American Fork, Utah

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American Fork is a city in Utah County, Utah, United States, at the foot of Mount Timpanogos in the Wasatch Range, north of Utah Lake. It is part of the ProvoOrem, Utah Metropolitan Statistical Area. The population was 21,941 at the 2000 census, while the 2008 estimates placed it at 27,064.[4]It has been rapidly growing since the 1970s.



The area around Utah Lake was used as a seasonal hunting and fishing ground by the Ute Indians. American Fork was settled in 1850 by LDS pioneers, and incorporated as Lake City in 1852. The first settlers had been Stephen Chipman (grandfather of Stephen L. Chipman, who was a prominent citizen around the start of the 20th Century), Arza Adams, Ira Eldredge, John Eldredge and their families.[5]

The first settlers of American Fork had lived in scattered conditions along the American Fork River. However, by the 1850s, tensions between the settlers and Native Americans was increasing. In 1853, Daniel H. Wells, the head of the Nauvoo Legion (the Utah Territorial Militia at the time), instructed settlers to move into specific forts. At a meeting on July 23, 1853 at the schoolhouse at American Fork, Lorenzo Snow and Parley P. Pratt convinced the settlers to follow Wells' directions and all move together into a central fort. A fort was built of 37 acres (150,000 m2) to which the settlers located, although only parts of the wall were built to eight feet high, and none were built to the original plan of twelve feet high.[6]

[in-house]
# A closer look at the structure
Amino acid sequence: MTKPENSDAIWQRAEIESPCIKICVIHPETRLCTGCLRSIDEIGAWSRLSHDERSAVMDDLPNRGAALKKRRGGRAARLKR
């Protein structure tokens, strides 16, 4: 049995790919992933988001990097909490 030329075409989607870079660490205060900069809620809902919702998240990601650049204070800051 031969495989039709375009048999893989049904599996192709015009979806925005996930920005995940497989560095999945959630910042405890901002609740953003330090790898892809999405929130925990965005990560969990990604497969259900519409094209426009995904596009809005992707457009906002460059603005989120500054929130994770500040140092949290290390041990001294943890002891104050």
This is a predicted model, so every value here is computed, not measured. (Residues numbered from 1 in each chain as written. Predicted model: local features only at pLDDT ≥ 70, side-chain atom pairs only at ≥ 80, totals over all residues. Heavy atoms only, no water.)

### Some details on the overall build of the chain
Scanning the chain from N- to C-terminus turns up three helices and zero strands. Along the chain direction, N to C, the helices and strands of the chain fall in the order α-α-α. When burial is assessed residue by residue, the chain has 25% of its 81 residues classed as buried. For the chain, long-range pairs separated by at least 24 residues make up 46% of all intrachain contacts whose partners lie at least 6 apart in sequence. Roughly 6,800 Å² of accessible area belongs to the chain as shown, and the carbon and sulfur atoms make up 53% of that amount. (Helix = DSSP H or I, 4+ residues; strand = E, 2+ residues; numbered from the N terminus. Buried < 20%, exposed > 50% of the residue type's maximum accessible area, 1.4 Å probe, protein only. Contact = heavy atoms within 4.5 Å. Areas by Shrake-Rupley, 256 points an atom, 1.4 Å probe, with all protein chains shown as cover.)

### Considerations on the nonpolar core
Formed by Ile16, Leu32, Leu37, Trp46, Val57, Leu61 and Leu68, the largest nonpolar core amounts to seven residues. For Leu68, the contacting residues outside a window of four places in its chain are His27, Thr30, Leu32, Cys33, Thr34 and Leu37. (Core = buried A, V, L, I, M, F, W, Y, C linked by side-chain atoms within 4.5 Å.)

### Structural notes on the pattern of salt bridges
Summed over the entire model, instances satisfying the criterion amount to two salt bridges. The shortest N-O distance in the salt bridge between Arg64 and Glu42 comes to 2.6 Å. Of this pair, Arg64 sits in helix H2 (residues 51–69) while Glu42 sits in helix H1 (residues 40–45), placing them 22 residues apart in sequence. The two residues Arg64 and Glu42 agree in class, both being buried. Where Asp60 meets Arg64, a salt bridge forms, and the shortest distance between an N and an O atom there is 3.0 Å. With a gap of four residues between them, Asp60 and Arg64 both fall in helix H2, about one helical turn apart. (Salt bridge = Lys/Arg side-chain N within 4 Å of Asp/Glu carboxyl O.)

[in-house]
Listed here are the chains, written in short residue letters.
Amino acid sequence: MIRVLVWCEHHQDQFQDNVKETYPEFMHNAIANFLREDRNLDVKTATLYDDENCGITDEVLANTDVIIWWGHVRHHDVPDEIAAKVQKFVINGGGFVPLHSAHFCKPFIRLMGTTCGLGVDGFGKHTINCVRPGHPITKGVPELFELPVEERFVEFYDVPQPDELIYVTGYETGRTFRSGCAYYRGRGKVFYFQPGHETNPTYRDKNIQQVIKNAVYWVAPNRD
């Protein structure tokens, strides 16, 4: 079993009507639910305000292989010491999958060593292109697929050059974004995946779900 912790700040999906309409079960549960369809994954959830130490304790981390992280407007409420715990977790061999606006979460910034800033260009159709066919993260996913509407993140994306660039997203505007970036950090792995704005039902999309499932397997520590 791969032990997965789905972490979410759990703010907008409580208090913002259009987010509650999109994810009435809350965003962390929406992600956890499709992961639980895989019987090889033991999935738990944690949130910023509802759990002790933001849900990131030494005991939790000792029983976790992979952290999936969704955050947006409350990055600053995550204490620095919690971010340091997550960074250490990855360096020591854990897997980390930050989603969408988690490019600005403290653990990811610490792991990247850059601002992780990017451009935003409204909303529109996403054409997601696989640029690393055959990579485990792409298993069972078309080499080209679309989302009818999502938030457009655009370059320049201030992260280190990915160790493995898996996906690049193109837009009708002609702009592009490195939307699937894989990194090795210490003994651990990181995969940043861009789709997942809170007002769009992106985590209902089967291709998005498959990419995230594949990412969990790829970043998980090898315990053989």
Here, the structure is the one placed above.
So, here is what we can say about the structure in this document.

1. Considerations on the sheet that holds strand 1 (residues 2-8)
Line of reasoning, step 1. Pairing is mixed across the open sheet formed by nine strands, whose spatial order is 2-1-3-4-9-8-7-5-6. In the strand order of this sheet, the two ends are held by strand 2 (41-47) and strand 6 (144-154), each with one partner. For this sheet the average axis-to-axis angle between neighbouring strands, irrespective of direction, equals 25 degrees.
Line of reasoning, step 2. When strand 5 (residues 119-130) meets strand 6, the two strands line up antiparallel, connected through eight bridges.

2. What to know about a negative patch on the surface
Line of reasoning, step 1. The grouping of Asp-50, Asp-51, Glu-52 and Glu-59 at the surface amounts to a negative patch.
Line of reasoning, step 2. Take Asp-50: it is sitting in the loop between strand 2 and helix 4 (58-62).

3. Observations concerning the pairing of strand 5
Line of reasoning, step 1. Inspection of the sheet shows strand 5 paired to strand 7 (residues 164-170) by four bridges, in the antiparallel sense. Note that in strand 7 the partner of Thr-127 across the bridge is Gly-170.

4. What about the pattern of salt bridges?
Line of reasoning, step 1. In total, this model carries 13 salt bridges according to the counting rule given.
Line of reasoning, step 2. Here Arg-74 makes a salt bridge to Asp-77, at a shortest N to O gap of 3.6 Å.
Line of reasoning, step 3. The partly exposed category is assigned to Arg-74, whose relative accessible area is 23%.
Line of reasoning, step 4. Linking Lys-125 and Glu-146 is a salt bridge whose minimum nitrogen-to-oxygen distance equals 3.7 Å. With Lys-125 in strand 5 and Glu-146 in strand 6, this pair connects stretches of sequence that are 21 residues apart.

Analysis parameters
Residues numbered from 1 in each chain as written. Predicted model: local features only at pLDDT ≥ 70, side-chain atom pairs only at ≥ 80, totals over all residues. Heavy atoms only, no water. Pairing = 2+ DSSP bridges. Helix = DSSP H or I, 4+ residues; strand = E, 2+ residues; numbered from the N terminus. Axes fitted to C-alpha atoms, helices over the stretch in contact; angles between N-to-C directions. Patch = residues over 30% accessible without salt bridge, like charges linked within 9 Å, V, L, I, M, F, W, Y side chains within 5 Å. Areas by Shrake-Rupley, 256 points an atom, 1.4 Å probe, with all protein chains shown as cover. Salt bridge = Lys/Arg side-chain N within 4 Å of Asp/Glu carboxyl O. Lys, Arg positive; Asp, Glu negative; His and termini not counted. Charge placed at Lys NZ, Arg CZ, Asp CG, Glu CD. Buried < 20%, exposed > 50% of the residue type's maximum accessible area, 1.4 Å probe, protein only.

Settlers changed the name from Lake City to American Fork in 1860. It was renamed American Fork after the American Fork River which runs through it. They also did this to avoid confusion with Salt Lake City. Most residents were farmers and merchants during its early history. By the 1860s, American Fork had established a public school, making them the first community in the territory of Utah to offer public education to its citizens.[7] In the 1870s, American Fork served as a rail access point for mining activities in American Fork Canyon. American Fork had "a literal social feud" with the town of Lehi due to the Utah Sugar Company choosing Lehi as the factory building site in 1890, instead of American Fork.[8] There were also several mercantile businesses in American Fork, such as the American Fork Co-operative Association and Chipman Mercantile. For several decades in the 1900s, raising chickens (and eggs) was an important industry in the city.

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